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what is the most effective cardio?

I am someone who hates the gym and working out...I walk all of the time and take the stairs whenever I can but I feel like I need to boost my weightloss with some more cardio. what is the most effective and highest calorie burning activity for the least time? ( god I sound lazy haha) I was thinking of trying to start running in the park but is jumping rope or doing jumping jacks just as effective?

Sat. Dec 17, 12:52am

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If you can't get to the gym, walking is incredibly effective. Just make sure you are walking at a FAST pace, and if you can incorporate some uphills, so much the better. If you can go to the gym, try the elliptical machine. That burns some serious calories: a 20- or 30-minute workout will earn you a lot of progress.

Saturday, December 17, 2005, 1:24 AM

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Running is generally considered to be the most efficient way to burn calories as it uses the largest muscles to the greatest extent in the shortest period of time. The drawback is that it can be hard on the joints.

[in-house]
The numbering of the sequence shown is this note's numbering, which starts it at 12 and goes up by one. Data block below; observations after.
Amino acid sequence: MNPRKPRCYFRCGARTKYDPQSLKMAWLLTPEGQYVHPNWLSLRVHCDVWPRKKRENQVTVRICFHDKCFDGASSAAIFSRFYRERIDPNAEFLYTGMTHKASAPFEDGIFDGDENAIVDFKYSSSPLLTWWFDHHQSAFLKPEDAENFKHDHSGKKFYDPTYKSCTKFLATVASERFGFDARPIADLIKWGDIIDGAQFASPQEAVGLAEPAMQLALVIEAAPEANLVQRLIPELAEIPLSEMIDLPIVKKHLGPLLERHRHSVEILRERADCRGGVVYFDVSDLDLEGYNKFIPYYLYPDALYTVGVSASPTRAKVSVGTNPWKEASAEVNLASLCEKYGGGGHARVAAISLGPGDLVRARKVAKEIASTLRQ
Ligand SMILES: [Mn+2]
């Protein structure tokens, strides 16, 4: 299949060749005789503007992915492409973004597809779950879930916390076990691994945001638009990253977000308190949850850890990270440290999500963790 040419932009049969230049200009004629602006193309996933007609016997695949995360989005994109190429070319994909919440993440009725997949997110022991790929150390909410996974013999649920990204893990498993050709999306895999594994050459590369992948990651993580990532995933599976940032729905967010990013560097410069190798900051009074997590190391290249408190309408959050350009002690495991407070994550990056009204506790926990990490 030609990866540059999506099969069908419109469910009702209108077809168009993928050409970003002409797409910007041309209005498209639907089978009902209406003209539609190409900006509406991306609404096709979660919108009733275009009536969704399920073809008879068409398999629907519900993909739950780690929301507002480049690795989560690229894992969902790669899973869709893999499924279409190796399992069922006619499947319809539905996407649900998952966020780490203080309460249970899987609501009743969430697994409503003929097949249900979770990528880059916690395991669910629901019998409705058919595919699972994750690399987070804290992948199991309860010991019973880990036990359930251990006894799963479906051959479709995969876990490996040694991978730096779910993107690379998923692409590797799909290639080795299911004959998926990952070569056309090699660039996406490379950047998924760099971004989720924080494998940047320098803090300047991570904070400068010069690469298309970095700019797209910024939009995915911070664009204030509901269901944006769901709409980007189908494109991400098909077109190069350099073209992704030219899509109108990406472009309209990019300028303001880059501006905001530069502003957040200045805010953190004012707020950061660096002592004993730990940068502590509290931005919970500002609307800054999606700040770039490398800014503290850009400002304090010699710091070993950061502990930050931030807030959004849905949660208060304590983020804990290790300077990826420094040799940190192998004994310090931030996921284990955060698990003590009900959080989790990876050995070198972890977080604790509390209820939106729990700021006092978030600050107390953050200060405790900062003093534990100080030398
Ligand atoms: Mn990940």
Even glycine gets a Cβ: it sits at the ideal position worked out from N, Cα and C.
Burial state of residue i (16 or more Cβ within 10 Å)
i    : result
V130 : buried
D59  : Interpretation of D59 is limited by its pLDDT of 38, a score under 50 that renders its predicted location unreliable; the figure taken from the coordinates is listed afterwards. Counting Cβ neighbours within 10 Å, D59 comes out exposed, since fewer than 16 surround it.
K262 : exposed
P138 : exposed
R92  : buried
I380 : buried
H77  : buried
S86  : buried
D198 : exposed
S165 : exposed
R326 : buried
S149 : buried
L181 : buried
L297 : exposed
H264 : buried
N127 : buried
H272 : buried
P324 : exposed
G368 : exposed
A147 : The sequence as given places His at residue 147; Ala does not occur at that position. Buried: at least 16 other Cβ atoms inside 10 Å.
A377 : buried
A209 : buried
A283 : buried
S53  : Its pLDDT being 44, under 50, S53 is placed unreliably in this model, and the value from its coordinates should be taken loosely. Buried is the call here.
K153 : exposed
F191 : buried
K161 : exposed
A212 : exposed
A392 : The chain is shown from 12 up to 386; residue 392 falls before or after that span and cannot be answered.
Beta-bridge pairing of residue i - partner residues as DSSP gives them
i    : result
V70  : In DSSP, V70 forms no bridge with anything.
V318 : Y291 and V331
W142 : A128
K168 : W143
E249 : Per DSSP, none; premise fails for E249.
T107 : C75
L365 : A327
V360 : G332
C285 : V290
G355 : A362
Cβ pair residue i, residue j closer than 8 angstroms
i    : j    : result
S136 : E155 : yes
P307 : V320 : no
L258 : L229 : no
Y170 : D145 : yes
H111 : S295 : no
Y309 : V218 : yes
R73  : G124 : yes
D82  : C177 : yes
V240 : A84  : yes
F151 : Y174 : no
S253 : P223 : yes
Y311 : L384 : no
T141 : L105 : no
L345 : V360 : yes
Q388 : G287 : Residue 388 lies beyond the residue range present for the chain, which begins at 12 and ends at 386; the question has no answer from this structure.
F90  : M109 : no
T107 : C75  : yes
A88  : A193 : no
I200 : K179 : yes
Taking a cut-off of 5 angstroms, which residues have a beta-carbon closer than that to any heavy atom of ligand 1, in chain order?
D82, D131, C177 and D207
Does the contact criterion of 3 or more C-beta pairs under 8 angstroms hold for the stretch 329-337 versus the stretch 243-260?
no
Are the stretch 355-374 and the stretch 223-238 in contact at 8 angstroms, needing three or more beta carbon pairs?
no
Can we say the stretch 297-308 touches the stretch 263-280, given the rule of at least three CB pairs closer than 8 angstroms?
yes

I personally consider cycling to be the best cardio exercise for me. I can ride a bike for hours at a time, burning nominally 500 calories per hour. The major drawback is that cycling outdoors is limited to the warmer months in most parts of the U.S. for all but the most devoted cyclists. Cycling can also be a bit pricey compared to other forms of exercise.

As a suggestion, you might consider finding several exercise options that you enjoy and that you can do under various conditions of weather, temperature, season, etc. This will also be much easier on the body than doing primarily only one activity.

The link will take you to a "Calories Burned Per Hour" calculator where you can determine the approximate calories you would burn for various exercises. This might make it easeir for you to decide what exercise(s) you would prefer to do.

Digby

Link

Saturday, December 17, 2005, 11:20 AM

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I've also heard that running is the most efficient cardio.
Personally, my knees just wont take it, so I use the elliptical trainers. I have read that they are a good alternative for people who can't run. I turn up the resistance on it so I can feel my muscles working, but it keeps my knees happy and burns calories quickly.

Saturday, December 17, 2005, 2:06 PM